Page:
Charles Frazer (politician)

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The Honourable
Charles Frazer
Charles Frazer.jpg
Member of the Australian Parliament
for Kalgoorlie
In office
16 December 1903 – 25 November 1913
Preceded by John Kirwan
Succeeded by Hugh Mahon
Personal details
Born (1880-01-02)2 January 1880
Yarrawonga, Victoria
Died 25 November 1913(1913-11-25) (aged 33)
Melbourne, Victoria, Australia
Nationality Australian
Political party Australian Labor Party
Occupation Engine driver

Charles Edward Frazer (2 January 1880 – 25 November 1913) was an Australian politician.

Frazer was born in Yarrawonga, Victoria and educated locally until he was 15, when he left for Western Australia during its goldrush. He found a job with the Western Australian Government Railways, qualified as a first-class engine driver in 1899 and moved to Boulder, where he worked as a mine-engine driver. He was elected as president of his branch of his union in 1902 and secretary of the Goldfields Trades and Labor Council in 1903. In August 1904 he married Mary Kinnane.[1]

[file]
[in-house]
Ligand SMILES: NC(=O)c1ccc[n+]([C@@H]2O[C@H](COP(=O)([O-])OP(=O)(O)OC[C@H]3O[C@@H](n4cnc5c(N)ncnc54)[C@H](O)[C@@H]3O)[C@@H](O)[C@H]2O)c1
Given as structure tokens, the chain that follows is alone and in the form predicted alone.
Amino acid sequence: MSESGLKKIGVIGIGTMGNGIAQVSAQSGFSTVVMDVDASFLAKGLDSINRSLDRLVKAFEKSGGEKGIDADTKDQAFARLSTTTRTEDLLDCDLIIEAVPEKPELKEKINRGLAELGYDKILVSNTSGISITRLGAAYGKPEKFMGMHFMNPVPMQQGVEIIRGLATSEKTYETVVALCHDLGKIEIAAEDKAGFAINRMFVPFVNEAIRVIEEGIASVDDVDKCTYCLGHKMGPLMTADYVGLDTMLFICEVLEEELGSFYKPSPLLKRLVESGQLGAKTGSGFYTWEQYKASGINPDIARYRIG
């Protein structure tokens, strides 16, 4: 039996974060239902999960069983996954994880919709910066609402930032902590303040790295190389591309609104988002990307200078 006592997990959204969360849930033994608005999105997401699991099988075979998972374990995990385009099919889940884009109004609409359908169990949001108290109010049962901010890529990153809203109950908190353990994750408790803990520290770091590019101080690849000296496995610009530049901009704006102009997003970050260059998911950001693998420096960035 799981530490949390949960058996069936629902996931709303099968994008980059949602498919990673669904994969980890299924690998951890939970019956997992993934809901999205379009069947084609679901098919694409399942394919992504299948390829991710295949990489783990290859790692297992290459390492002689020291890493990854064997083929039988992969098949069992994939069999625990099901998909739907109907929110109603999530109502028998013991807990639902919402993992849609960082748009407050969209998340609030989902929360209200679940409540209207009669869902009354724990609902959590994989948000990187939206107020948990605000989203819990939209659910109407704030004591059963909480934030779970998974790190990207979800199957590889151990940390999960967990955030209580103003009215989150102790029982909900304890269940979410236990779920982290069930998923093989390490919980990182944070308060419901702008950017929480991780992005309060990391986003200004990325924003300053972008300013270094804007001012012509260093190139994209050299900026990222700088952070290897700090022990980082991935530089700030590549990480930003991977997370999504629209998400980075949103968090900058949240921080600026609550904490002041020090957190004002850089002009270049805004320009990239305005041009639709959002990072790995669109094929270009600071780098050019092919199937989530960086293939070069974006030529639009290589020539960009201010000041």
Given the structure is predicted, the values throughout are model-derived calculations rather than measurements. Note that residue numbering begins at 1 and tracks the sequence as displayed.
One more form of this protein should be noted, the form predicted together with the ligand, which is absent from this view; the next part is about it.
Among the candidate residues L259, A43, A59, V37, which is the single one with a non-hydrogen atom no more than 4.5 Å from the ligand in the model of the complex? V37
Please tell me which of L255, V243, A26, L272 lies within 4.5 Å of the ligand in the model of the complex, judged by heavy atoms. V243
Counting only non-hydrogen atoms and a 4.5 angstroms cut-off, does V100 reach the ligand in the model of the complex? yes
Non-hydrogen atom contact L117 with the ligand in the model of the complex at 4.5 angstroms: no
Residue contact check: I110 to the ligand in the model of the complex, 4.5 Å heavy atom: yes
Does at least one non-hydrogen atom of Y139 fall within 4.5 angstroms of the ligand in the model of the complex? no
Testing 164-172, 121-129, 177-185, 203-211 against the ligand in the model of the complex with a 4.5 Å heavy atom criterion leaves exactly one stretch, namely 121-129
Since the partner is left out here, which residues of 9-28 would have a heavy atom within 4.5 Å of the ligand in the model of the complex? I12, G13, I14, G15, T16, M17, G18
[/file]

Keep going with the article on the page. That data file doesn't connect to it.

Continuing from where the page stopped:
Political career[edit]

In November 1902, Frazer was elected to Kalgoorlie Municipal Council and was elected as the member for Kalgoorlie in the federal parliament at the 1903 election, representing the Australian Labor Party. In parliament, he studied law in order to improve his leadership skills, campaigned successfully for the Labor parliamentary caucus to select the ministry when in office and for Labor to stop supporting Protectionist Party governments. Following Labor's success at the 1910 election, he served as honorary minister in the Second Fisher Ministry and in October 1911 became Postmaster-General.

He was a strong supporter for a uniform stamp for all of Australia, which was still using the old colonial (now state) issues. His first issue, now known to philatelists as the Kangaroo and Map series, was designed by Blamire Young and issued in 1913[2]

Frazer died unexpectedly from pneumonia in November 1913.[1]


  1. ^ a b McMullin, Ross (1981). "Frazer, Charles Edward (1880–1913)". Australian Dictionary of Biography. Canberra: Australian National University. Retrieved 15 November 2007. 
  2. ^
Political offices
Preceded by
Josiah Thomas
Succeeded by
Agar Wynne
Parliament of Australia
Preceded by
John Kirwan
Member for Kalgoorlie
Succeeded by
Hugh Mahon